I kind of don’t like that though. I’m getting tired of finding out I’m super different than the world. I’m going to have a list after my name of all the reasons why I don’t fit in and am NOT LIKE YOU. INFJ. HSP. MP. When will it end? And I hate that this is a concern but I feel like I’m trying really hard to justify myself, and no one is going to take it seriously. Oh my gosh, they will say, you have so many things special about you. You must be the most unique snowflake to ever sputter and fall from the sky.


Excerpts from my journal; May 2017

May 25

Fruit flies are the smoke of summer. Leave a bag of trash out for an hour, go to close it, squeeze the edges and poof! – out pop three of the suckers, whirling into the air like so much vapor.

Funny how the things you used to be scared of don’t bother you forever. I never wore contacts when I first needed glasses because I was scared of the idea of something in my eye. I could barely touch my eyes at all, and I was terrified a contact would roll back and be lost in my brain space. Finally I got sick of glasses and got over it and started wearing contacts, and got really comfortable touching my eyes and messing with them, as you do when you wear contacts. And then, today and once before, I’ve rubbed my eyes too hard and pushed my contacts up past my upper lid so they’re caught above my eye. Gross. A bit painful too but mostly just freaking annoying because you have to pull your eyelid out while you roll your head down and eyes up to get it to shift down again. Do that and dig with your other finger under your eyelid until you grab the thing. No worries. But I still won’t watch Minority Report.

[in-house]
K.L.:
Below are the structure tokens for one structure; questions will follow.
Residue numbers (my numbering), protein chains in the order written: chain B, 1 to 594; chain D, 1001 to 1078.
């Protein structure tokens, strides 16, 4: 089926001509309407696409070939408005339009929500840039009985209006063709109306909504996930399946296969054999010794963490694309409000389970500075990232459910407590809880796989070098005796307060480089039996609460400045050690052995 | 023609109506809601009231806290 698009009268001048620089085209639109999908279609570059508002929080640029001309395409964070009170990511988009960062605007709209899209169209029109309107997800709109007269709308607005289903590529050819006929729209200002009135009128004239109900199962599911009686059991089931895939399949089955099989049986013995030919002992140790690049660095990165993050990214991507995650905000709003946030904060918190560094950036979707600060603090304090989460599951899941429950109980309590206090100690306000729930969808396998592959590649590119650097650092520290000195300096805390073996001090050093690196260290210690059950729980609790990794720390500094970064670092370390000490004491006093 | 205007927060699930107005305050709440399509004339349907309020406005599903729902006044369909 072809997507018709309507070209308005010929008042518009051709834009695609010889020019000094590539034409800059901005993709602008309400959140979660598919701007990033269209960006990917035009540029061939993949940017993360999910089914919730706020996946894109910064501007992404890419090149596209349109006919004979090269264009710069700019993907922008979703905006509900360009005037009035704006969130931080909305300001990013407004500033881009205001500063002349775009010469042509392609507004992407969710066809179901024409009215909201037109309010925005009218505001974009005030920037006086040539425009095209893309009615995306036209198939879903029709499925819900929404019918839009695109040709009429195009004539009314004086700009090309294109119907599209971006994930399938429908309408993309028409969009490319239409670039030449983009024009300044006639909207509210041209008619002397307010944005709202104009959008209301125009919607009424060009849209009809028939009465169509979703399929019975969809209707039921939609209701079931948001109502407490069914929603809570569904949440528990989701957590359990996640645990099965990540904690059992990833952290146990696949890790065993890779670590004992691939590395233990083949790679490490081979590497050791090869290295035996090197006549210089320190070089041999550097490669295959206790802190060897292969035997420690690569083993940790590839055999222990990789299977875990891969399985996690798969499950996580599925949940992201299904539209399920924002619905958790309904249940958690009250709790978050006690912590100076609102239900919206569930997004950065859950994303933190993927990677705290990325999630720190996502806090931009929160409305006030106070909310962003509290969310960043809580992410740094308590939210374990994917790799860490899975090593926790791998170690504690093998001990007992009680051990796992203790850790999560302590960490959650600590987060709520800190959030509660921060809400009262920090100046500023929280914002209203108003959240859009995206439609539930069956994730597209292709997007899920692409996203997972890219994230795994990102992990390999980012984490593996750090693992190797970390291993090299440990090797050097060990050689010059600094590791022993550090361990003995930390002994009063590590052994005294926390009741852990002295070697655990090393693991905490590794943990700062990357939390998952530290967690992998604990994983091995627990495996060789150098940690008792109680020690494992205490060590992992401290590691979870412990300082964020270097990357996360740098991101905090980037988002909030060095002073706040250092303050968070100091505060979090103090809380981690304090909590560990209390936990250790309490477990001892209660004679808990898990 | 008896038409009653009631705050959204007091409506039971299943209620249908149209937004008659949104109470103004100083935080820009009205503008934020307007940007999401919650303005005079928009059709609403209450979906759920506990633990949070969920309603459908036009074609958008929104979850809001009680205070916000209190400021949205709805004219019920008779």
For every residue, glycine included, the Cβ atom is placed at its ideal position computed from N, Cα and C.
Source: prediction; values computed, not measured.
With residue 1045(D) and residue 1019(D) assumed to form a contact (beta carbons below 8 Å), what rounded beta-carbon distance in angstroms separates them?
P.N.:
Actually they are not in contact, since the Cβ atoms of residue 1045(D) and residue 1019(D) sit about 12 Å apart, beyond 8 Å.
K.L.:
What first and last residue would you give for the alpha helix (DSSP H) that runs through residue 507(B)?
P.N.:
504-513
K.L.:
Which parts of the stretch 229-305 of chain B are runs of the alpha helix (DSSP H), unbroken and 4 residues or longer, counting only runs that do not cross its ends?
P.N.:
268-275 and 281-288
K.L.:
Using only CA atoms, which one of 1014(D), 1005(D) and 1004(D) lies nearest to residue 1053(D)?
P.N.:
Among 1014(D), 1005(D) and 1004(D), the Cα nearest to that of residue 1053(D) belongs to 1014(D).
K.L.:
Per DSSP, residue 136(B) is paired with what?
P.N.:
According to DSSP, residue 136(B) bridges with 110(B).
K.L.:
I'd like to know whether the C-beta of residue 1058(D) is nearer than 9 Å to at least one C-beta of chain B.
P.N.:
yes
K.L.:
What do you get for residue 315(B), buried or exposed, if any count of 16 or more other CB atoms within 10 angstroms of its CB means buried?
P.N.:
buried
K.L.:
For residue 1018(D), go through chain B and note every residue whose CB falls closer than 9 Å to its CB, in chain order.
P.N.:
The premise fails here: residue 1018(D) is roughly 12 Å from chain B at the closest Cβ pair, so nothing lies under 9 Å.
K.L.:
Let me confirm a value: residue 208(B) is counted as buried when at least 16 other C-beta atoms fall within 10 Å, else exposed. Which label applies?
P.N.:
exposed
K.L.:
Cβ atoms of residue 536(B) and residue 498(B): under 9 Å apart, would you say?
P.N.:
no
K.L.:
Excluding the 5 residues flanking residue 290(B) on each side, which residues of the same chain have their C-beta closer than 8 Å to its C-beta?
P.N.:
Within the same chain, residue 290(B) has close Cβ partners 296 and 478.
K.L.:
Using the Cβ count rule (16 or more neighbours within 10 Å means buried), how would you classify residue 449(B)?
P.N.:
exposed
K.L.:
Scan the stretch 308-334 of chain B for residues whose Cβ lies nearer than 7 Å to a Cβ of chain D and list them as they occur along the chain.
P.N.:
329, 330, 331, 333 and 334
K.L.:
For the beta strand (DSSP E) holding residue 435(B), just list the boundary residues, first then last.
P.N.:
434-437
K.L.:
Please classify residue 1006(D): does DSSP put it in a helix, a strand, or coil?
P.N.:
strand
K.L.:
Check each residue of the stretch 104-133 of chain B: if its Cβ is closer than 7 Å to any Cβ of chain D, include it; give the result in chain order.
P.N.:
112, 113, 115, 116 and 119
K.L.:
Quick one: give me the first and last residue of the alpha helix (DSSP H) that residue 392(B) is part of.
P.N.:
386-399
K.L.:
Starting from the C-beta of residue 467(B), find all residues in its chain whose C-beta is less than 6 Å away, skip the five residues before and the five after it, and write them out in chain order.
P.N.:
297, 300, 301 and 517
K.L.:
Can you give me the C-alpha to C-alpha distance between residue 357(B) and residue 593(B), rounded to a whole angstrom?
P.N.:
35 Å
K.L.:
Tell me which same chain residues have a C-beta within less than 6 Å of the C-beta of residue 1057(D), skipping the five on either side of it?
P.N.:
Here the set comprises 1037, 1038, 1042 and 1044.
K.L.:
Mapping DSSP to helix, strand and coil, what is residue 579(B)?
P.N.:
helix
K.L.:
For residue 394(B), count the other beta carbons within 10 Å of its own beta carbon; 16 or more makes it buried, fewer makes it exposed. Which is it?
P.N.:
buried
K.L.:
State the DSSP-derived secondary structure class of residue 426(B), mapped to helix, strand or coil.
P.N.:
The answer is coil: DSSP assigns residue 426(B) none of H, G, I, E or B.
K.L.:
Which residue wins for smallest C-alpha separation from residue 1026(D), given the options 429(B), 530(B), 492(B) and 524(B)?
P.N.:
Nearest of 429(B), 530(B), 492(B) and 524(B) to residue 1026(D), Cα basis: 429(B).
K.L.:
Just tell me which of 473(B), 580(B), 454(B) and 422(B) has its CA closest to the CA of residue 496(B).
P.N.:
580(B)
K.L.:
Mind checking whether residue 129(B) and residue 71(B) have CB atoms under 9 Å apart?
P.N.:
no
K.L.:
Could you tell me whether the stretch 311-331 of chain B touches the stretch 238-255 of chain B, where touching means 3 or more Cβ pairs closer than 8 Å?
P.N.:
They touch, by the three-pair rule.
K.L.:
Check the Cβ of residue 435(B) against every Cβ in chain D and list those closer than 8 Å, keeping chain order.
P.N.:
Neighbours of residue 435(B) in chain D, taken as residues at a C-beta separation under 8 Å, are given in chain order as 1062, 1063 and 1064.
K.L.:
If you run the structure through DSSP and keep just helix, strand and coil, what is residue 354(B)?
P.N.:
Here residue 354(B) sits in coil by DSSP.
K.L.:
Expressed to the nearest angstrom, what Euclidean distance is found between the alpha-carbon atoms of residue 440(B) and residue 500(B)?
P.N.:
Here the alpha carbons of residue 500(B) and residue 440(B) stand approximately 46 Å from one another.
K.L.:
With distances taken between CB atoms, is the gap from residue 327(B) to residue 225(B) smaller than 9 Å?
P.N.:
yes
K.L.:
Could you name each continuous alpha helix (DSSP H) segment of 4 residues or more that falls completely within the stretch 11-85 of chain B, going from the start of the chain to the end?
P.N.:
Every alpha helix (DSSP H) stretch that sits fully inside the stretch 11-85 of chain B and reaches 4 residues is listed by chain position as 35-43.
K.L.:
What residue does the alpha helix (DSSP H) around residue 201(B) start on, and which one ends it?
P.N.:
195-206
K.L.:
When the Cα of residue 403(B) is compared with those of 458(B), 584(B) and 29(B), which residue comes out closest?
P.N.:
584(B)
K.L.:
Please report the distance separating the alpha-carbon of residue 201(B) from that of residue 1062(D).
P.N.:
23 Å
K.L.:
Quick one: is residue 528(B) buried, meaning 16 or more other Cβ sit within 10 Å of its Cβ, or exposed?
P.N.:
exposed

My mornings are way better these days because I bought hazelnut coffee. My local small grocery store didn’t have it, so that meant that for months I just drank the other kind of coffee. But last weekend I went to the big store farther away, the one that takes me about twenty minutes to walk to, because I needed to get makeup. So I got makeup, and some on-sale shoes, and two bags of hazelnut coffee.

The shoes are cute, and the makeup is smoky because I had just read about beatniks, and the coffee is nutty and amazing and makes my mornings lookforwardtoable. You can get me up easy if you promise coffee.

May 27

What a day. It’s always strange to have a full Saturday when normally I just laze about at home and wile away the hours reading or watching TV.

It was Sports Day, and it went amazingly well. All the teams did something right. Even though my team had a sucky cheer, we came in second overall so it didn’t matter. And in the end, after the prizes are handed out the kids just want to leave anyway.

I got a sunburn, and my eyes hurt and my stomach hurts but I’m so happy it’s over. Sports Day is rough just because it’s outside in the heat and sun and extra chaotic. Other events like Wax Museum, being indoors, might take a lot of preparation but it’s easier on the teachers. I don’t just care about that but…yeah, I just care about that.